In March 1917, a school leaver called Frances McAllister travelled from her North Island home to the southern city of Dunedin. She was one of seven or eight females among thirty new entrants at the Otago Medical School. (The 1917 intake was much smaller than usual due to military conscription.) McAllister graduated as a doctor in 1922. Her memoir (published under her married name Frances Preston), Lady Doctor, Vintage Model, is a fascinating window into New Zealand life in the first half of the twentieth century. As the blurb puts it:
The early days of New Zealand medicine were not for the squeamish. Tuberculosis, hydatids, osteomyelitis and syphilis were common, bush-felling and saw-milling accidents abounded, and the 1918 Influenza Epidemic cut a swath through the country.”
When the influenza epidemic arrived in Dunedin in November 1918, Preston was a second year medical student. Her memoir describes what it was like to be swept up in this “cataclysmic emergency”:
All hospital patients who could possibly be sent home were discharged. Almost all the wards were filled with an endless stream of incoming patients, overflowing into corridors and other spaces. People fell dead in the streets; in many houses no one was left alive. All ordinary business came to a standstill; one just concentrated on keeping alive. Every person left untouched by the pestilence turned his hand to whatever task needed doing. Doctors, nurses and helpers succumbed, and had themselves to be looked after. Only voluntary help kept the hospital going.
Senior medical students worked day and night. We juniors, who had not yet begun clinical work, felt very strongly that we could do something to help, but Dr Gowland was decidedly against it. “You’ll all get it,” he said, “and you must get on with your anatomy; this material can’t be wasted; we can’t give you another chance.”
But in the end he consented to let us help in the hospital provided that we did three hours’ dissection each morning.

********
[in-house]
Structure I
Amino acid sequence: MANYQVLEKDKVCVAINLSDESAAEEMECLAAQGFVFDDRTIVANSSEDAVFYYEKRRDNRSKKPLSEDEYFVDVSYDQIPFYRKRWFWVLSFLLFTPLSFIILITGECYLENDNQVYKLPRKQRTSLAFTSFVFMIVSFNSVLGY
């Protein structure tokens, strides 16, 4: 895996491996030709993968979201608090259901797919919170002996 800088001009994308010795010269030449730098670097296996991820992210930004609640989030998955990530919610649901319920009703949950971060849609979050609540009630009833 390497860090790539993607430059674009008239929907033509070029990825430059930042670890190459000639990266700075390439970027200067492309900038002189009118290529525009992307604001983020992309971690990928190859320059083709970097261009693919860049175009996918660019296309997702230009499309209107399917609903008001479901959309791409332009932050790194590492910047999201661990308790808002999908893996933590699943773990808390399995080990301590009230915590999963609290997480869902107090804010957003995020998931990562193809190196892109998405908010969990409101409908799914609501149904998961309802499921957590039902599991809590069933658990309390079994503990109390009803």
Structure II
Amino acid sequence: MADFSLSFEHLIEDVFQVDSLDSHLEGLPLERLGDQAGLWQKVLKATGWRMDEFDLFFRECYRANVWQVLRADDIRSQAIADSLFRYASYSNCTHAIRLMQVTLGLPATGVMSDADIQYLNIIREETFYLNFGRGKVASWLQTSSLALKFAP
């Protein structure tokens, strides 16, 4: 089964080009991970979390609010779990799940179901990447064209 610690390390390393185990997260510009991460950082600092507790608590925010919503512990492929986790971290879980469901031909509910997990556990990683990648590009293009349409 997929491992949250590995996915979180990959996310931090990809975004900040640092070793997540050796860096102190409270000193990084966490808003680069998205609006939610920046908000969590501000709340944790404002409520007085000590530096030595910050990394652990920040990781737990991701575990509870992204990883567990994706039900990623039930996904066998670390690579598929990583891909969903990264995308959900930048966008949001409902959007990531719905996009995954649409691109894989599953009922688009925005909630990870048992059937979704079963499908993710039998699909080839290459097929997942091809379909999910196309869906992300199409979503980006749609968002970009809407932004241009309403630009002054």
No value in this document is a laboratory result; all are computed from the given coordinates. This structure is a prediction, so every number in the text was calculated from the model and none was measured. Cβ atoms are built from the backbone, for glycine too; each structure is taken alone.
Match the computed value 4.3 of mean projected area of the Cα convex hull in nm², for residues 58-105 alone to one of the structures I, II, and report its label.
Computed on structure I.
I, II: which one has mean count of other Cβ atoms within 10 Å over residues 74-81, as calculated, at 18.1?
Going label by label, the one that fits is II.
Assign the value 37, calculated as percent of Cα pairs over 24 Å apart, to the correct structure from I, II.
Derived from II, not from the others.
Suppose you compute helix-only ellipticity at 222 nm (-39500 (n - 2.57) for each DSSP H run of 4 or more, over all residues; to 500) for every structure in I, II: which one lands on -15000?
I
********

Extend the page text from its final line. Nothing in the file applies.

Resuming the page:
We worked at the hospital from 2pm till at least ten o’clock at night, often much later. My first experience was being left in charge of a ward full of delirious men while the nurse went to snatch a meal. That seemed a very long half-hour. The nurse, herself a very junior pro., returned just in time to help me to get a very strong old man back to bed.
Some of us did get the ‘flu, but what we learned in those hectic weeks was of great use to us later. Practical nursing was not on our curriculum, and the knowledge we gained of handling patients, sponging, giving enemas, even for some the laying-out of the dead, was really invaluable later in country practice. Not that one had to do these things, but it was advisable to know how they should be done. The Sick Nurses’ ward was a real training-school in this respect: the patients knew what should be done for them, and told us how to do it.
When it was all over, everyone who survived was exhausted; catching up for lost time made continued hard work for both teachers and students. It was a sudden and tragic introduction to life and death. No one could live through such an experience and remain quite the same; in short, we began to grow up.”
After her graduation in 1922, Dr Preston worked in hospitals and sanitoriums in Dunedin, New Plymouth, Rotorua and the Hokianga. Later, after her marriage to a farmer, she used her voice and experience to work for women’s rights and welfare from within the Women’s Division of the Federated Farmers Movement. Lady Doctor, Vintage Model is a wonderful record of her life and times.
Sue Wootton is co-editor of Corpus.
- Preston, Frances I. Lady Doctor, Vintage Model. Wellington: A. H. & A. W. Reed, 1974.